IN RE: ROBERT J. CATALANO
This is the second discipline involving attorney Robert J. Catalano. See Matter of Catalano, 11 Mass. Att’y Discipline Rep. 28 (1995) . He previously was disciplined on June 5, 1995, held in contempt on August 21, 1996, for failure to comply with the terms of that order of discipline and purged of contempt on September 12, 1996 when he complied with the requirements of the order of this Court entered on June 5, 1995.
The present disciplinary proceedings were commenced by bar counsel on March 4, 1997. A hearing on the petition was held on September 17, 1997. On January 28, 1998, a hearing committee of the Board of Bar Overseers (board) filed its findings of fact, conclusions of law, and recommendation for discipline. The hearing committee recommended that the attorney be disbarred from the practice of law and that he be permitted to apply for reinstatement at the expiration of five years from the date of the order of disbarment. The attorney took an appeal to the board, which was opposed by bar counsel. On November 9, 1998, the board recommended that the Supreme Judicial Court enter an order disbarring the attorney, but that the disbarment be retroactive to September 12, 1996.
The attorney and bar counsel have informed the Court that they agree with the discipline recommended by the board. However, they do not agree as to the date on which disbarment should take effect. Bar counsel argues that disbarment should not be retroactive, as the hearing committee recommended. The attorney seeks retroactive disbarment, as the board voted unanimously to recommend.
Because the parties agree in substantial respect with the sanction recommended by the board, I need not recount in detail the findings of fact made by the hearing committee and adopted and incorporated by the board in its decision. Suffice it to say that previously the attorney was disciplined for, inter alia, knowingly violating court orders concerning the handling of clients', misuse of clients' funds for his own benefit, and contempt of court. In this case, the board found the attorney had failed to maintain client funds in a segregated client fund account, converted client funds to his own use, and made false representations to his clients about the status of their funds. The board also found that the attorney had failed to notify his clients about his suspension from the practice of law in violation of the earlier order of this Court and that he was in contempt of this Court's order. None of those factual findings are disputed here. These findings reveal at a minimum a continuing failure of the attorney to understand the distinction between a client's trust account and a general bank account, and a failure to recognize that it is impermissible to use a client's funds for his own purposes.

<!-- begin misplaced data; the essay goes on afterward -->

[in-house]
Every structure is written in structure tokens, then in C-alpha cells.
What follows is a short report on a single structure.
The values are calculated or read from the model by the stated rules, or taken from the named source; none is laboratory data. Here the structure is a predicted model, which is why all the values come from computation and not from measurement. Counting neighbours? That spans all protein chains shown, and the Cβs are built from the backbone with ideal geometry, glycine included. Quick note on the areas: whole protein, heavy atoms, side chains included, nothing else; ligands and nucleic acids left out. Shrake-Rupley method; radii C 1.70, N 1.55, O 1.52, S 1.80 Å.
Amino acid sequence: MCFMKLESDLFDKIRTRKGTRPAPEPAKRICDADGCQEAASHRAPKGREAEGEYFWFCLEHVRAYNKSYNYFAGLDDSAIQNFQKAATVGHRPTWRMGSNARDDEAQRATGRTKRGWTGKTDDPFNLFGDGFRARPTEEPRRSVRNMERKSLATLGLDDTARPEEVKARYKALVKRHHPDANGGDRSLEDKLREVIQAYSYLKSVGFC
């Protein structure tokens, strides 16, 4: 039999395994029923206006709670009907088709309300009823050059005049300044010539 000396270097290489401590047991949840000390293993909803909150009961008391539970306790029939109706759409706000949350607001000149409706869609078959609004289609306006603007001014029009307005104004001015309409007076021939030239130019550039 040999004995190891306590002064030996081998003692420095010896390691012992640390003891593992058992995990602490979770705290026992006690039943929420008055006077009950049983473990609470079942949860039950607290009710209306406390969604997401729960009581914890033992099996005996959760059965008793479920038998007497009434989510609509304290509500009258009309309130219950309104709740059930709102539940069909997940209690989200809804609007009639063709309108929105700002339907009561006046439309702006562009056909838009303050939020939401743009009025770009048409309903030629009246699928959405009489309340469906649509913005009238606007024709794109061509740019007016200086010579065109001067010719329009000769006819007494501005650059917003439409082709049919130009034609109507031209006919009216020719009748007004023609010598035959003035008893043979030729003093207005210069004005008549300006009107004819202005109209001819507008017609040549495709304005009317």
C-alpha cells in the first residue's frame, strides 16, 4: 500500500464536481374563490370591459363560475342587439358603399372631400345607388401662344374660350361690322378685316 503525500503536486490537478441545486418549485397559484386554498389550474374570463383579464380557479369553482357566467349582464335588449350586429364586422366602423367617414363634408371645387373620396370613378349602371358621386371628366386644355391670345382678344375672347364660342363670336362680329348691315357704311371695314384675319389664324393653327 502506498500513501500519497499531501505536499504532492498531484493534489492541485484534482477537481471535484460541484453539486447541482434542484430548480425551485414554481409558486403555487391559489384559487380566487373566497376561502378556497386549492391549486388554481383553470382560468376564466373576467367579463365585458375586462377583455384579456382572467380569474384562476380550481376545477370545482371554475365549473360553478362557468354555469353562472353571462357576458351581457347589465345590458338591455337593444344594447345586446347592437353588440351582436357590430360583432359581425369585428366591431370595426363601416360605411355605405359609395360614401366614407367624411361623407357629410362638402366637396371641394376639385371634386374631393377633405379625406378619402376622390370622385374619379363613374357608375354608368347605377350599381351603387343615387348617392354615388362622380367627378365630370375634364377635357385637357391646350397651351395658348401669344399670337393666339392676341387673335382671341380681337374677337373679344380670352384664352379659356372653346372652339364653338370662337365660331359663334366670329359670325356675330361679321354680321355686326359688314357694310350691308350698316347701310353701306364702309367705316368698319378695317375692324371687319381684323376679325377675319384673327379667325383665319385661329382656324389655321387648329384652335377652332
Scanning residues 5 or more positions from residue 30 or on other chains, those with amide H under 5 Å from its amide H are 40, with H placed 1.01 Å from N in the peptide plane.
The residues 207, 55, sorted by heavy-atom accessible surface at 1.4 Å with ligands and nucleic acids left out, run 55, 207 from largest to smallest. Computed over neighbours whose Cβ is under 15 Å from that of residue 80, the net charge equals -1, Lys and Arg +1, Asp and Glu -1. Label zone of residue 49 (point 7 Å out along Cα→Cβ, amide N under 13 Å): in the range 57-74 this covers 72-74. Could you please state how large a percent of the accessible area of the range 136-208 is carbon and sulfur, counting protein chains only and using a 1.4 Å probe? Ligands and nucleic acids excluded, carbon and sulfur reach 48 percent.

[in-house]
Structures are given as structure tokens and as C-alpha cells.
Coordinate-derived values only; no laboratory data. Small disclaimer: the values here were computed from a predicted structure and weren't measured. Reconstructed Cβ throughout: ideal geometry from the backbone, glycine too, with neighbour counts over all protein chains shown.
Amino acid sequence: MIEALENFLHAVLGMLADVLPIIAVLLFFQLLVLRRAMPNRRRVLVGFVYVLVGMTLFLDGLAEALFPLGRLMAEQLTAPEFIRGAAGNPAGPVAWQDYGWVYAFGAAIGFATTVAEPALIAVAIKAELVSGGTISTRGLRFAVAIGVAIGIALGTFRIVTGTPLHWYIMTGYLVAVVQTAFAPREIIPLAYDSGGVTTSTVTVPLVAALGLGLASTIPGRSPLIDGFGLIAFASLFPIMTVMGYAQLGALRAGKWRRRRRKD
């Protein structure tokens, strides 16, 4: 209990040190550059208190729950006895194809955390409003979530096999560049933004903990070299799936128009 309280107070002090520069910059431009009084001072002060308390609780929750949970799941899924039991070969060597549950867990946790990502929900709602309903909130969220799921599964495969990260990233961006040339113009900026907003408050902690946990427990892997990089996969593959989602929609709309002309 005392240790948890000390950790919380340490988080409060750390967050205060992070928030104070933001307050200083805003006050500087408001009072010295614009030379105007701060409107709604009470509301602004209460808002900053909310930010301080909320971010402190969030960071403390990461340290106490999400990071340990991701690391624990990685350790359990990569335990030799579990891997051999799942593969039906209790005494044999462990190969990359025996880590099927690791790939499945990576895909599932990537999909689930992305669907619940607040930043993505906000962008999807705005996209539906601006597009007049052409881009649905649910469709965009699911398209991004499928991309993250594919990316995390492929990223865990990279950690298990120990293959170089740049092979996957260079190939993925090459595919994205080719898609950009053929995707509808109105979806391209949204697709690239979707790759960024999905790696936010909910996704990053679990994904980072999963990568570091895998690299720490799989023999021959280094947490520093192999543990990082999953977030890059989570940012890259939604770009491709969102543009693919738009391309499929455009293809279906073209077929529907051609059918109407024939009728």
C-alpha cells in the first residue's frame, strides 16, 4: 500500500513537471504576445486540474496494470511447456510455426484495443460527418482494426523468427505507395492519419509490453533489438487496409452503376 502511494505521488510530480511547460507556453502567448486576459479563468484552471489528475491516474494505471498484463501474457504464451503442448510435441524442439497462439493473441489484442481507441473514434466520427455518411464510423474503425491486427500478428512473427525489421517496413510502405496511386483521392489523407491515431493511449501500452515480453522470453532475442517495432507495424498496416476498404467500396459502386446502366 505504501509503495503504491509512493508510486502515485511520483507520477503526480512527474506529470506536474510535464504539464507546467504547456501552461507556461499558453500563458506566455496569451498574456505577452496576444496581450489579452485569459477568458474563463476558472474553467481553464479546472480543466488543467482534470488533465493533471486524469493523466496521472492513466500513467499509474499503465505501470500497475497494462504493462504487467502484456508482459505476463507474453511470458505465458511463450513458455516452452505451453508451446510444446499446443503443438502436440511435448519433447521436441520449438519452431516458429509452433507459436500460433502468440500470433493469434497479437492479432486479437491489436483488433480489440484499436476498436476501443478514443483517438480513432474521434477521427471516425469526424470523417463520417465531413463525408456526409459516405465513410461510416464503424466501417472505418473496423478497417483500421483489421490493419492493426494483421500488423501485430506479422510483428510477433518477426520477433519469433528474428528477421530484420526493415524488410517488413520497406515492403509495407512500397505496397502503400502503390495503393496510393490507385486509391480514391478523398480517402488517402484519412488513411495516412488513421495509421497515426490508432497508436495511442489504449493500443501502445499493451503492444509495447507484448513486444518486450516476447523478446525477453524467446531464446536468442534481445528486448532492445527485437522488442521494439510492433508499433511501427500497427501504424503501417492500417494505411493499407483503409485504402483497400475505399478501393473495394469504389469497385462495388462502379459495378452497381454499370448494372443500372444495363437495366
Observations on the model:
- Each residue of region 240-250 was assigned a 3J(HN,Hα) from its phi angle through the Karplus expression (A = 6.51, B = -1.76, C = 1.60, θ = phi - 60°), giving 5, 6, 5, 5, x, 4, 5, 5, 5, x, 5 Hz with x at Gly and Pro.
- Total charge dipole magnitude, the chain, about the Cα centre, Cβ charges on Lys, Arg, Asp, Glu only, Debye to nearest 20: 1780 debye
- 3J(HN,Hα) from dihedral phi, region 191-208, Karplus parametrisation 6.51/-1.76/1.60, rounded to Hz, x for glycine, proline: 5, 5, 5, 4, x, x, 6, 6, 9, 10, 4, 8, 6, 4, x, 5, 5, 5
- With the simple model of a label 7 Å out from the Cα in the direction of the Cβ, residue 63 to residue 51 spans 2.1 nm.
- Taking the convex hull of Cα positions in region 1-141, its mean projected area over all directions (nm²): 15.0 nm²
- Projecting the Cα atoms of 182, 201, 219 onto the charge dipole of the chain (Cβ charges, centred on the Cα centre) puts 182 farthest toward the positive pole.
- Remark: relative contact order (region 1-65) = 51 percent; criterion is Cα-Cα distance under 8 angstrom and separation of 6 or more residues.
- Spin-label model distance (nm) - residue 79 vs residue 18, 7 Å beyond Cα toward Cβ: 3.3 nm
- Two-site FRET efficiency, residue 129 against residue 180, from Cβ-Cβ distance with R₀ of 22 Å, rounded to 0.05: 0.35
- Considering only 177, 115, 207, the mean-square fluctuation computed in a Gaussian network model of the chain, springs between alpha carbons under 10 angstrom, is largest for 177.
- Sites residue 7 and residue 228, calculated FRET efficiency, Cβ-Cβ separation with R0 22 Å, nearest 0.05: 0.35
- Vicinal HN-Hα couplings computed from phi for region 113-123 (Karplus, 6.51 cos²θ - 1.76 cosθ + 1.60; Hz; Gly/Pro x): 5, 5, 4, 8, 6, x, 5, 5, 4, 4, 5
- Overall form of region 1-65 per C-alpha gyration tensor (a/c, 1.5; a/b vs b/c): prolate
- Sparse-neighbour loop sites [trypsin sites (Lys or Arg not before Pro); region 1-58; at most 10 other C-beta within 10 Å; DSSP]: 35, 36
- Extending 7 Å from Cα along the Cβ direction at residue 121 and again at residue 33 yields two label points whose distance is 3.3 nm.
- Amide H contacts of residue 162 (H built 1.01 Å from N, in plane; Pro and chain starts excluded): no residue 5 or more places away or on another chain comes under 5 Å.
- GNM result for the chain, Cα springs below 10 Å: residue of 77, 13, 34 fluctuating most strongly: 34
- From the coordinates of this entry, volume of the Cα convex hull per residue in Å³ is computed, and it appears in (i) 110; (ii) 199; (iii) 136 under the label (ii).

Turning to consider on what date the attorney's agreed-to sanction should be made effective, I note that the board recommended retroactive disbarment because, in its view, the weight of authority favors some form of retroactivity when a lawyer previously has been suspended from the practice of law and has not been reinstated. The board cited, in particular, Matter of Dawkins, 10 Mass. Att’y Discipline Rep. 49 (1994); Matter of Friedman, 9 Mass. Att’y Discipline Rep. 119 (1993); Matter of Wynn, 6 Mass. Att’y Discipline Rep. 335 (1989); Matter of Waitz, 5 Mass. Att’y Discipline Rep. 389, 391 (1987). It also sought to avoid markedly disparate sanctions, citing Matter of Alter, 389 Mass. 153, 156 (1983). The board recommended that the order be effective on the date that this Court previously determined that the attorney had purged himself of contempt for failing to file his affidavit of compliance with his order of suspension.
Although I give substantial deference to the recommendation of the board, I conclude that the facts of this case are different from the cases relied upon by the board. Respondent has repeated substantial violations of the disciplinary rules, misconduct that ordinarily should not receive a discounted sanction for the sole reason that he presently is under suspension from admittedly unrelated misdeeds. Moreover, at least with respect to the theft of one client's funds, that theft occurred while bar counsel was investigating the very claims that gave rise to the suspension in the previous disciplinary proceeding. The attorney was therefore on plain notice that his conduct was unacceptable, and there is no claim before me of any special mitigating circumstances to explain his continuing misdeeds. In these circumstances I conclude that the order of disbarment should not be made retroactive, and should take effect as of the date of this order.
Margaret H. Marshall
Entered: January 8, 1999
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